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Dry Conditions Trigger Increased Fire Restrictions in Southeastern Arizona

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Date: June 18, 2013

Tucson, Ariz. (June 17, 2013) --- Effective Wednesday, June 19, the Bureau of Land Management Gila District, all districts of the Coronado National Forest, Saguaro National Park, Coronado National Memorial, Chiricahua National Monument, Fort Bowie National Historic Site, Tumacácori National Historical Park, Organ Pipe Cactus National Monument, and the Arizona State Forestry Division will increase campfire and smoking restrictions in southeastern Arizona.

Beginning June 19, and until rescinded, the following are prohibited

 ·  Building, maintaining, attending, or using a fire, campfire, charcoal, coal, or wood stove including fires in developed  campgrounds or improved sites.

  • Smoking, except within an enclosed vehicle or building.
  • Discharging a firearm except while engaged in a lawful hunt pursuant to state, federal, or tribal laws and regulations.
  • Operating any internal combustion engine, except operating motorized vehicles on designated roads so long as you park in an area devoid of vegetation within 10 feet of the roadway.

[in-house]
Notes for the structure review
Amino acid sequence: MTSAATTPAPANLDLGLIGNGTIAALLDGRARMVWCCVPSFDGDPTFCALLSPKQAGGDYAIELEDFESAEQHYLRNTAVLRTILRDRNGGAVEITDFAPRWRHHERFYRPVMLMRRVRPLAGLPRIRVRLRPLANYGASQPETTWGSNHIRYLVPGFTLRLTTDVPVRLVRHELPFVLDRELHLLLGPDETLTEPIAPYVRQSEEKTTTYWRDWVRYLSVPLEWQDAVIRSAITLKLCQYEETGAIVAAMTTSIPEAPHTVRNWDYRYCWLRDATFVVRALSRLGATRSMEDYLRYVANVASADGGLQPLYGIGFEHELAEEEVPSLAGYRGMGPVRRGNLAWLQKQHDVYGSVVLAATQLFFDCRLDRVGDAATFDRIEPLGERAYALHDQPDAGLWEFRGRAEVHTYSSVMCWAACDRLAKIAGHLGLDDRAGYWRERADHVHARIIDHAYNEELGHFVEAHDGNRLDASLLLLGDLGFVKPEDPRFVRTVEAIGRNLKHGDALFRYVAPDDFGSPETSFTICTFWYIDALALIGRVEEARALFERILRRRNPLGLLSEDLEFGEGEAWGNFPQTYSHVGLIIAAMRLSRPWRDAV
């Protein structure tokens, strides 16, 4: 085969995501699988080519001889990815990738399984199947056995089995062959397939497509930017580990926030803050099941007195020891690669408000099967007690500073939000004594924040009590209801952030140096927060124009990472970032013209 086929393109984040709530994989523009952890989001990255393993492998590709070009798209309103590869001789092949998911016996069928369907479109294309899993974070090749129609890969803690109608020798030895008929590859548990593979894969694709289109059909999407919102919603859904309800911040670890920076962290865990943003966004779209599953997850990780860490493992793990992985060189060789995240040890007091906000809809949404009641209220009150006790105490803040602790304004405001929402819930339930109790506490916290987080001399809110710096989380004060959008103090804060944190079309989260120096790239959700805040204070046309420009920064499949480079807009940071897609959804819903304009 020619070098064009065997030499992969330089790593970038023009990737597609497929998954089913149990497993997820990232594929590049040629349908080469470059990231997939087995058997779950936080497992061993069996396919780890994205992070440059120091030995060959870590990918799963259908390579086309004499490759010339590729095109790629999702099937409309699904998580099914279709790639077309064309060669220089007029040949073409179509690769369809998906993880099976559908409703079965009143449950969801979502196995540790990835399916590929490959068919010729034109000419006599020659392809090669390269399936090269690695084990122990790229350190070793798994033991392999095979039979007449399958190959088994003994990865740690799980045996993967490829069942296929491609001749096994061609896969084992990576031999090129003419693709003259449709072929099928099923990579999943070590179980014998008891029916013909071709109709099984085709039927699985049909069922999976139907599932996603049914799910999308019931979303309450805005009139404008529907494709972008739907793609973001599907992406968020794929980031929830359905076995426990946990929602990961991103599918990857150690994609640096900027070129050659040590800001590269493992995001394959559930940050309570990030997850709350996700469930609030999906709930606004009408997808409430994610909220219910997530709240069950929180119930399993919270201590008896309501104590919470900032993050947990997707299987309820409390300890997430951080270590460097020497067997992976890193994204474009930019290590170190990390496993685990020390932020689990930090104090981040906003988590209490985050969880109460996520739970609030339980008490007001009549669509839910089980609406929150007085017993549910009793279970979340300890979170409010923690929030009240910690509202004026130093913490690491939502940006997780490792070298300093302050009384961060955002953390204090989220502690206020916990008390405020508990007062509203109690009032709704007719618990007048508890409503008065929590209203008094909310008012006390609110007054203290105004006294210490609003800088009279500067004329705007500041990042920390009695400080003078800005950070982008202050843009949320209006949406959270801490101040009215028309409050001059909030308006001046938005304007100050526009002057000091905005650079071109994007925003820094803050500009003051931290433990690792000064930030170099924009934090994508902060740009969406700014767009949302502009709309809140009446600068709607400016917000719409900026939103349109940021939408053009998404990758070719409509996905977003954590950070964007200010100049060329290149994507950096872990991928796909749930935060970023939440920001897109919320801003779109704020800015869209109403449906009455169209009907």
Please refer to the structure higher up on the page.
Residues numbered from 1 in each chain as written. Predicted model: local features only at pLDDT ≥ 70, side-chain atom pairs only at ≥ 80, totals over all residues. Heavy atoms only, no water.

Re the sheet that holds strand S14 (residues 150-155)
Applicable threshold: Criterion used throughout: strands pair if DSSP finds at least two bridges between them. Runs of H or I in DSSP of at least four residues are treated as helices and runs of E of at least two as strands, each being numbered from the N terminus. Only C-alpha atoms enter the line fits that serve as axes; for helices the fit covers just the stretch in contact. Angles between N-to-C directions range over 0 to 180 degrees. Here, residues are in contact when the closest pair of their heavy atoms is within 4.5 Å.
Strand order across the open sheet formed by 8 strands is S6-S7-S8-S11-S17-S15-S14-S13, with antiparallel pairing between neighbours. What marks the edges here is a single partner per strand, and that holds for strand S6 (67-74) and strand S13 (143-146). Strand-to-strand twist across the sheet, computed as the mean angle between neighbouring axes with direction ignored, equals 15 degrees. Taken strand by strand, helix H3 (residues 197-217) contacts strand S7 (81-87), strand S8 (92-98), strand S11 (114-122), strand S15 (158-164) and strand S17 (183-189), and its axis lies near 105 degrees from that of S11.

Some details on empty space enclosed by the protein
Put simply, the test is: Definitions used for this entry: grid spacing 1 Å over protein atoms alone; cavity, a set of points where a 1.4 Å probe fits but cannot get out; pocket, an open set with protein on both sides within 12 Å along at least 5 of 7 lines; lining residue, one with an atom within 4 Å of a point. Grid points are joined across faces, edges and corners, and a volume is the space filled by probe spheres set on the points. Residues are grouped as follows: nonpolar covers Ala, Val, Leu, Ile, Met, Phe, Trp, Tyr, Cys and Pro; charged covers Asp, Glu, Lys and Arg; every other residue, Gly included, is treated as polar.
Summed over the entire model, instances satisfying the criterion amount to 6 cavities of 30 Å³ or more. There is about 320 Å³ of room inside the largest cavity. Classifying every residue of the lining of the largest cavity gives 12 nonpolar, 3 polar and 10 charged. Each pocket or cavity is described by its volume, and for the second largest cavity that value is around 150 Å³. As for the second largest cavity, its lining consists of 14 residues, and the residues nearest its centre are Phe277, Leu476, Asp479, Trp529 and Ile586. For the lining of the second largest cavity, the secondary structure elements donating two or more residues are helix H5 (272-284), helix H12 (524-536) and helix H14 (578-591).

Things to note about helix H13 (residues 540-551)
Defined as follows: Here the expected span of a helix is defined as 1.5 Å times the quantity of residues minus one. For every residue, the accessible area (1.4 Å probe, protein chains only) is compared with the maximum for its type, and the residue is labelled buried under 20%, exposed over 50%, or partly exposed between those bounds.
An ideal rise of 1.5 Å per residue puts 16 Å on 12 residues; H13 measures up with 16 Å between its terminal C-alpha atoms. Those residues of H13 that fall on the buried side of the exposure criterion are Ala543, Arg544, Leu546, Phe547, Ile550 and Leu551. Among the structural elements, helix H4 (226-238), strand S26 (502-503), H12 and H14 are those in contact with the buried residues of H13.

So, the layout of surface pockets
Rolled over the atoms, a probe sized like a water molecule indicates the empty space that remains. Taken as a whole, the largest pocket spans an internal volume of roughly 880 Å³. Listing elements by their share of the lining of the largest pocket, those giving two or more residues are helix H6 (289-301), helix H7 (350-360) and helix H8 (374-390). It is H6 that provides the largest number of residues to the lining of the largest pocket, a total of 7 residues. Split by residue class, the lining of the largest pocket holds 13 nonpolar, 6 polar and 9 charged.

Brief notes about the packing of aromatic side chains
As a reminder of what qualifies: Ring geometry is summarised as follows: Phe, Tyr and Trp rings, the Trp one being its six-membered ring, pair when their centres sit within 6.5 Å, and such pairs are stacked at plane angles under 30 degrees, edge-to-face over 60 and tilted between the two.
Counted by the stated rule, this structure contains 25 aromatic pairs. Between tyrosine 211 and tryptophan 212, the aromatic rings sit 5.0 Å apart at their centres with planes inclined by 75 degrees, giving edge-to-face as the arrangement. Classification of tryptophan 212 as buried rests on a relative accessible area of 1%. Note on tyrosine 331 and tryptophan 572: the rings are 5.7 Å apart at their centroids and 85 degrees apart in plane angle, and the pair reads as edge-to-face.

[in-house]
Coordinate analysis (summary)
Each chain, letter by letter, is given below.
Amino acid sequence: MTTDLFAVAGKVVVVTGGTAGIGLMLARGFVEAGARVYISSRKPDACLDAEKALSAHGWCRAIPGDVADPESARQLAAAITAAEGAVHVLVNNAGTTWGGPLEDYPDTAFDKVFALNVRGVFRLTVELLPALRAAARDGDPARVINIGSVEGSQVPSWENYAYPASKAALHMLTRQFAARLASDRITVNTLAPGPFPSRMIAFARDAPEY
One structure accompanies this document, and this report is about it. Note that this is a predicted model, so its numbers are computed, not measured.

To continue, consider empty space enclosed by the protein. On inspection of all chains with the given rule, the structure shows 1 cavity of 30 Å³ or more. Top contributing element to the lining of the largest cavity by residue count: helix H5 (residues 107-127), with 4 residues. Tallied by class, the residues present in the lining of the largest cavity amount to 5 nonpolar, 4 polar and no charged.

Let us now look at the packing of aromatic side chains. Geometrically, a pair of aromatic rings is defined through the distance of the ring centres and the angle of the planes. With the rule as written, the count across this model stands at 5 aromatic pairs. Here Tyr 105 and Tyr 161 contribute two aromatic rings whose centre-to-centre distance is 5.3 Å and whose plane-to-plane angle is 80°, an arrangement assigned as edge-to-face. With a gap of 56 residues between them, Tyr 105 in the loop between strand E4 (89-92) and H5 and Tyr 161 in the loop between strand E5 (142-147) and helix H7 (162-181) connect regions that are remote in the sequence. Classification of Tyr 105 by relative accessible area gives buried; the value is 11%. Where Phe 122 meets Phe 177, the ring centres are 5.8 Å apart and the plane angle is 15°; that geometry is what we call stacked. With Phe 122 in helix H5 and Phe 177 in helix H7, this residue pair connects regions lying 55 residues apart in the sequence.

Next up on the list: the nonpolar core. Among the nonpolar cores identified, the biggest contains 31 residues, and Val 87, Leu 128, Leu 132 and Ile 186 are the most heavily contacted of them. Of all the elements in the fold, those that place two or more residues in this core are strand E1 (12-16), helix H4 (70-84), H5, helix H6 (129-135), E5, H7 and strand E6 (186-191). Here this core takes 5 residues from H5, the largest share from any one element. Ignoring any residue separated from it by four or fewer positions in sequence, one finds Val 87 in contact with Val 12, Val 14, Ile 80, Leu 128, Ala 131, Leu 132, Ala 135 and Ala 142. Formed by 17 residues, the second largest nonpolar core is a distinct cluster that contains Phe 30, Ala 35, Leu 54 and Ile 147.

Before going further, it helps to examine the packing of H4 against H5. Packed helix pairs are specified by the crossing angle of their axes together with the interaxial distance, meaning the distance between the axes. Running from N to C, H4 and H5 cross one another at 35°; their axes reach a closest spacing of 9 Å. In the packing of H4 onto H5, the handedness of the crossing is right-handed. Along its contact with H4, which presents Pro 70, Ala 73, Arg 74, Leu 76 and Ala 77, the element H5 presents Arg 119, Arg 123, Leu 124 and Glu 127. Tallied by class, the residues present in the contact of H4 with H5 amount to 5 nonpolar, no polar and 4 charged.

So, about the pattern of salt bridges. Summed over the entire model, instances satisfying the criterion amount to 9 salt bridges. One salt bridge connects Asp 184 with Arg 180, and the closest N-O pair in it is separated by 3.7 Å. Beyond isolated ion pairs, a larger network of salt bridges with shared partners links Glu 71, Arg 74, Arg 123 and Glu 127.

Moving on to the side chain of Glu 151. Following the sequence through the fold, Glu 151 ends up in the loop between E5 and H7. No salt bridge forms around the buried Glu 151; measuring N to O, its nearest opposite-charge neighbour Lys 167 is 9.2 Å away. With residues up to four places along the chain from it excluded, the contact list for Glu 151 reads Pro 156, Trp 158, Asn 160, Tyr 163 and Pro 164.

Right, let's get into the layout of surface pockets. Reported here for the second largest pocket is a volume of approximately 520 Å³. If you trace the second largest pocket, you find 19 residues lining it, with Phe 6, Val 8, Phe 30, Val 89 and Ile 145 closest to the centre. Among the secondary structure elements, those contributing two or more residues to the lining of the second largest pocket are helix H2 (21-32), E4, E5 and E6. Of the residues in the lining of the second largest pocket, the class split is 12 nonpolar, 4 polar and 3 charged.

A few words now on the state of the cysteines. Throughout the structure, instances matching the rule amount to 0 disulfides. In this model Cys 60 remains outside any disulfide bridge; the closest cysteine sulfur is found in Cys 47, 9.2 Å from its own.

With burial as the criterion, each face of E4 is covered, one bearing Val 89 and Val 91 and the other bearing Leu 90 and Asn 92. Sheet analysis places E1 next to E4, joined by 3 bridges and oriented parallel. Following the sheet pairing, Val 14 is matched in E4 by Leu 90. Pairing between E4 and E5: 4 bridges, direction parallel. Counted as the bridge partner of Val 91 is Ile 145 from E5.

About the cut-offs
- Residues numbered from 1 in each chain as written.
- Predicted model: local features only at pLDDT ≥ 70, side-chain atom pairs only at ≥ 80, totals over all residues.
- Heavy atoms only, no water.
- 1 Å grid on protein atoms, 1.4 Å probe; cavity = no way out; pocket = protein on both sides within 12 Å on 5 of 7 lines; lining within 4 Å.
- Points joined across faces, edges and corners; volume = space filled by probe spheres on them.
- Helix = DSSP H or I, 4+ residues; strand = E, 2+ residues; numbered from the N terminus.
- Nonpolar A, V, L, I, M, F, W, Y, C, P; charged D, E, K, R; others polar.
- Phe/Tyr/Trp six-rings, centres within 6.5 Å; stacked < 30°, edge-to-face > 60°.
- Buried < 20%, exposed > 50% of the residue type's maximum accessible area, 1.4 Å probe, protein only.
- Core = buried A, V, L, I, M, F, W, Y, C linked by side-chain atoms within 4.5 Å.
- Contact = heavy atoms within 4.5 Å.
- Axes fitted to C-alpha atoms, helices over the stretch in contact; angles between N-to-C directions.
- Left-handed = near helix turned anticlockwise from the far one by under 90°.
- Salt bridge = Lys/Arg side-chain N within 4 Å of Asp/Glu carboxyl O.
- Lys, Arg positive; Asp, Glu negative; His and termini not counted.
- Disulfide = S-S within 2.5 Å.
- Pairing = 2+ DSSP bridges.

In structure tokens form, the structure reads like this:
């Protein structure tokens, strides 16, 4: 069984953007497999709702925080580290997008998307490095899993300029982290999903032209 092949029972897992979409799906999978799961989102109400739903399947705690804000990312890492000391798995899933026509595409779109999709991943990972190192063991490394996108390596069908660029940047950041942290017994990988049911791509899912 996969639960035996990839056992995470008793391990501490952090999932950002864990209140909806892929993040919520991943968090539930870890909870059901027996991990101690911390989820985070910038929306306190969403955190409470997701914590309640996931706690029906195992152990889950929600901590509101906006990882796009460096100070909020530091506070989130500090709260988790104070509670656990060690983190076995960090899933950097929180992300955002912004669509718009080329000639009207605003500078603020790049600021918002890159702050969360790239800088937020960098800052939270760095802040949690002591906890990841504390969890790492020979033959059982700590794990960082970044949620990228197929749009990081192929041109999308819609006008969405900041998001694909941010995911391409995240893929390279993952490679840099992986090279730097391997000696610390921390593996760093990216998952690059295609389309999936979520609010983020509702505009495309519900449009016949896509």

• Welding, or operating acetylene or other torches with an open flame.
  • Using an explosive.

Fireworks are always prohibited year-round on federal lands.

Violation of restrictions on federal lands is punishable as a Class B misdemeanor, which includes a fine of not more than $5,000 for an individual and up to $10,000 for organizations and possible imprisonment for not more than six (6) months or both. Violators may also be held personally responsible for reimbursement of fire suppression costs. Arizona and New Mexico state laws carry similar penalties.

 Pressurized liquid or gas stoves, lanterns and heaters possessing shut-off devices are allowed. When using a portable stove, make sure the area is clear of grasses and other fine fuels. Prevent stoves from tipping and starting a fire. 

Cigarettes should never be thrown out the window of a vehicle. Instead, ashtrays should be used in order to prevent wildfires. 

Never park a vehicle over dead grass; the catalytic converter can ignite the vegetation.

Fire conditions as well as localized closures and restrictions are subject to change. Because tribal, federal, state, and local mandates are different, they may have some differences in their restriction notices. For a more detailed explanation concerning agency restrictions and fire information in general, please contact the nearest land management agency office where you plan to work or play, visit http://wildlandfire.az.gov or call the toll-free Southwest Fire Restrictions Hotline at 1-877-864-6985.

 

Did You Know?

Monument 100 along the American/Mexican Border in Coronado National Memorial

There are boundary markers along the US/Mexico Border. Coronado National Memorial has three boundary monuments, 100, 101, and 102. The markers are placed within line of site. They begin in El Paso, Texas and end in San Diego, California.